The researchers studied MIR137 a gene involved in turning on and off other schizophrenia-related genes in 510 individuals living with schizophrenia. The scientists found that patients with a specific version of the gene tended to develop the illness at a younger age, around 20.8 years of age, compared to 23.4 years of age among those without this version.
"Although three years of difference in age-at-onset may not seem large, those years are important in the final development of brain circuits in the young adult," said Dr. Kennedy, Director of CAMH's Neuroscience Research Department. "This can have major impact on disease outcome."
In a separate part of the study involving 213 people, the researchers used MRI and diffusion tensor-magnetic resonance brain imaging (DT-MRI). They found that individuals who had the particular gene version tended to have unique brain features. These features included a smaller hippocampus, which is a brain structure involved in memory, and larger lateral ventricles, which are fluid-filled structures associated with disease outcome. As well, these patients tended to have more impairment in white matter tracts, which are structures connecting brain regions, and serving as the information highways of the brain.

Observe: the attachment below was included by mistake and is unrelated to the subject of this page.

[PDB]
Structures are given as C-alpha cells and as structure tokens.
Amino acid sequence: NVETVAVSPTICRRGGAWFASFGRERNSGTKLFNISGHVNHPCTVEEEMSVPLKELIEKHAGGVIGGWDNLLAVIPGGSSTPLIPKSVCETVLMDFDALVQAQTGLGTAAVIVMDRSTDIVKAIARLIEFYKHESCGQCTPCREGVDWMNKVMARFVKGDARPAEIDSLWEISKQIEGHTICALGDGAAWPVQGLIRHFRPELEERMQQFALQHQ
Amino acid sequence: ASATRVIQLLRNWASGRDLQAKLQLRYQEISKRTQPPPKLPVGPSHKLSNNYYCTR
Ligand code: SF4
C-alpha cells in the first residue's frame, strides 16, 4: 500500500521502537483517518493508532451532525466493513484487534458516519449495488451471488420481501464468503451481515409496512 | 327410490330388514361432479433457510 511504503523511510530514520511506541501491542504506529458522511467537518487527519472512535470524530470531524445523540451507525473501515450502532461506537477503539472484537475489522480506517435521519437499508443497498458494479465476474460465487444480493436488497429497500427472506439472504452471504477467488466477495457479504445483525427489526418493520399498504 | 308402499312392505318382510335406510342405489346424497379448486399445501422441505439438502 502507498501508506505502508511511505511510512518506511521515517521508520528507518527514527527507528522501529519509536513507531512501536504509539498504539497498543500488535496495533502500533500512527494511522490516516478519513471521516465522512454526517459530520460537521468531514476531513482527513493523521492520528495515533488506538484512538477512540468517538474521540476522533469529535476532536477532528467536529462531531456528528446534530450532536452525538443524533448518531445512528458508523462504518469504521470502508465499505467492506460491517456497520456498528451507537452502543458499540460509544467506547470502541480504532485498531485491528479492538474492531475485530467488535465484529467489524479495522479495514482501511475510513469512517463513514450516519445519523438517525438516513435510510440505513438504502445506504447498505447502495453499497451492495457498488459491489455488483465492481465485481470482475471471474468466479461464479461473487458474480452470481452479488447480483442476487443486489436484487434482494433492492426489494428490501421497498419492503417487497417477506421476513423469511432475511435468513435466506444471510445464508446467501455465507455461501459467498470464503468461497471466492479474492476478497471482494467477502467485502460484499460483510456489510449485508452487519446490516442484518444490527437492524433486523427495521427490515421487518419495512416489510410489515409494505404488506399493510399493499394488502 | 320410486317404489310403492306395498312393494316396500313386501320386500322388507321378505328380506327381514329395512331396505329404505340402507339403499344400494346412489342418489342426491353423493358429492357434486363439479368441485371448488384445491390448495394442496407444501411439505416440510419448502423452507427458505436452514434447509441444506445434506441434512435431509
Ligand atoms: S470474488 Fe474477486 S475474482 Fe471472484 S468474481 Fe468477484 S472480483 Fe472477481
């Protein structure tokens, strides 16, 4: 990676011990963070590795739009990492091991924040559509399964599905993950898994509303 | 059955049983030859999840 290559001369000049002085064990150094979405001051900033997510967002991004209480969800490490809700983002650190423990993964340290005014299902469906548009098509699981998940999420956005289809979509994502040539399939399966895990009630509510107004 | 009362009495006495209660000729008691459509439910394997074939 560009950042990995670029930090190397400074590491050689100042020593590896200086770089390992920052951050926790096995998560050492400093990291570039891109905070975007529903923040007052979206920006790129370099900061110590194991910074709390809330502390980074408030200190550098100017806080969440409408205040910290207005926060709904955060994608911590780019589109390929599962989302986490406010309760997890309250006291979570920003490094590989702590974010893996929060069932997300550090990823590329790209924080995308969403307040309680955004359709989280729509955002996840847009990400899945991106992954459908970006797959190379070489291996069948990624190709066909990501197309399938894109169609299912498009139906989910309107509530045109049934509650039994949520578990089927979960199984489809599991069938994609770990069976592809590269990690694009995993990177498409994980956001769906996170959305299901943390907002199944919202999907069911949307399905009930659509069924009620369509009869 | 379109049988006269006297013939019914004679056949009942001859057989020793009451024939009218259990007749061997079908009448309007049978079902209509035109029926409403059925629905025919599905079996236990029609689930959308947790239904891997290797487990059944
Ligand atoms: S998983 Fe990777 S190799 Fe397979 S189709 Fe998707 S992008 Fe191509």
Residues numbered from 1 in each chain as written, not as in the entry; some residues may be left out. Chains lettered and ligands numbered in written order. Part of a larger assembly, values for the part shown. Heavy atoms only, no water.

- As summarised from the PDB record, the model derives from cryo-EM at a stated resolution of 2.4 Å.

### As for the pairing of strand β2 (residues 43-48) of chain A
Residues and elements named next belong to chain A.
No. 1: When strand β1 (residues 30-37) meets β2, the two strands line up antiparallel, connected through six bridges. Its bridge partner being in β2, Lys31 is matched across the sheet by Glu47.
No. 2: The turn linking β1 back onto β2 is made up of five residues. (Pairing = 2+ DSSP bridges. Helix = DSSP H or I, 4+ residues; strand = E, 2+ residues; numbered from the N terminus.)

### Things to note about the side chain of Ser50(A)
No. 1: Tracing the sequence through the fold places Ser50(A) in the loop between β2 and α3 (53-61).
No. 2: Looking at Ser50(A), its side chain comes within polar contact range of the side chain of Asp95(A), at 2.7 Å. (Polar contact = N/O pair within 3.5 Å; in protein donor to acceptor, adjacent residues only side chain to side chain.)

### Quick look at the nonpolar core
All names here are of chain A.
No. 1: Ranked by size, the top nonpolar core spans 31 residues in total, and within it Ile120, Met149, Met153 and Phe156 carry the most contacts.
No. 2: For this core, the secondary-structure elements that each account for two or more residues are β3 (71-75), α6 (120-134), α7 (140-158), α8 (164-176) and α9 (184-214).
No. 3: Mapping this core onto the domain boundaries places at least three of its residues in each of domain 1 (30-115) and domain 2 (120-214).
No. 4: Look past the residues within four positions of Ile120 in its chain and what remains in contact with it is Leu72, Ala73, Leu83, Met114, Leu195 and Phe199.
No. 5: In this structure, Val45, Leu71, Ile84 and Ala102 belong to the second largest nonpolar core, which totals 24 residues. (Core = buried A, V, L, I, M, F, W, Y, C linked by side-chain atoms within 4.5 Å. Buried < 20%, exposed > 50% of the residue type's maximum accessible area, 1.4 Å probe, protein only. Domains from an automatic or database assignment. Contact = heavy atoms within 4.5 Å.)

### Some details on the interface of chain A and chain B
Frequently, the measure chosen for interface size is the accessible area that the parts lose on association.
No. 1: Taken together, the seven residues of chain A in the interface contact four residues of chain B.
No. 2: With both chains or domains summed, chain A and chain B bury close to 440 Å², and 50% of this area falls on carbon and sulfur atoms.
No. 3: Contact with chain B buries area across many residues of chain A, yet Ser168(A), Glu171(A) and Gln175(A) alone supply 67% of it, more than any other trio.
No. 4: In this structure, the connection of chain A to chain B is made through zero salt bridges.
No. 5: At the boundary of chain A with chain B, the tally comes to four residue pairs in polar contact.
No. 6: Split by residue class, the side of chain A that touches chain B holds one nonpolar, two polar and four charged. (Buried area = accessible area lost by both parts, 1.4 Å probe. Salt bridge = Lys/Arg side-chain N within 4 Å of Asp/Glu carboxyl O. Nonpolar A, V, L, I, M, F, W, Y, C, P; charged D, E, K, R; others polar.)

Developing tests that screen for versions of this gene could be helpful in treating patients earlier and more effectively.
"We're hoping that in the near future we can use this combination of genetics and brain imaging to predict how severe a version of illness someone might have," said Dr. Voineskos. "This would allow us to plan earlier for specific treatments and clinical service delivery and pursue more personalized treatment options right from the start."
|Contact: Anita Dubey|
Centre for Addiction and Mental Health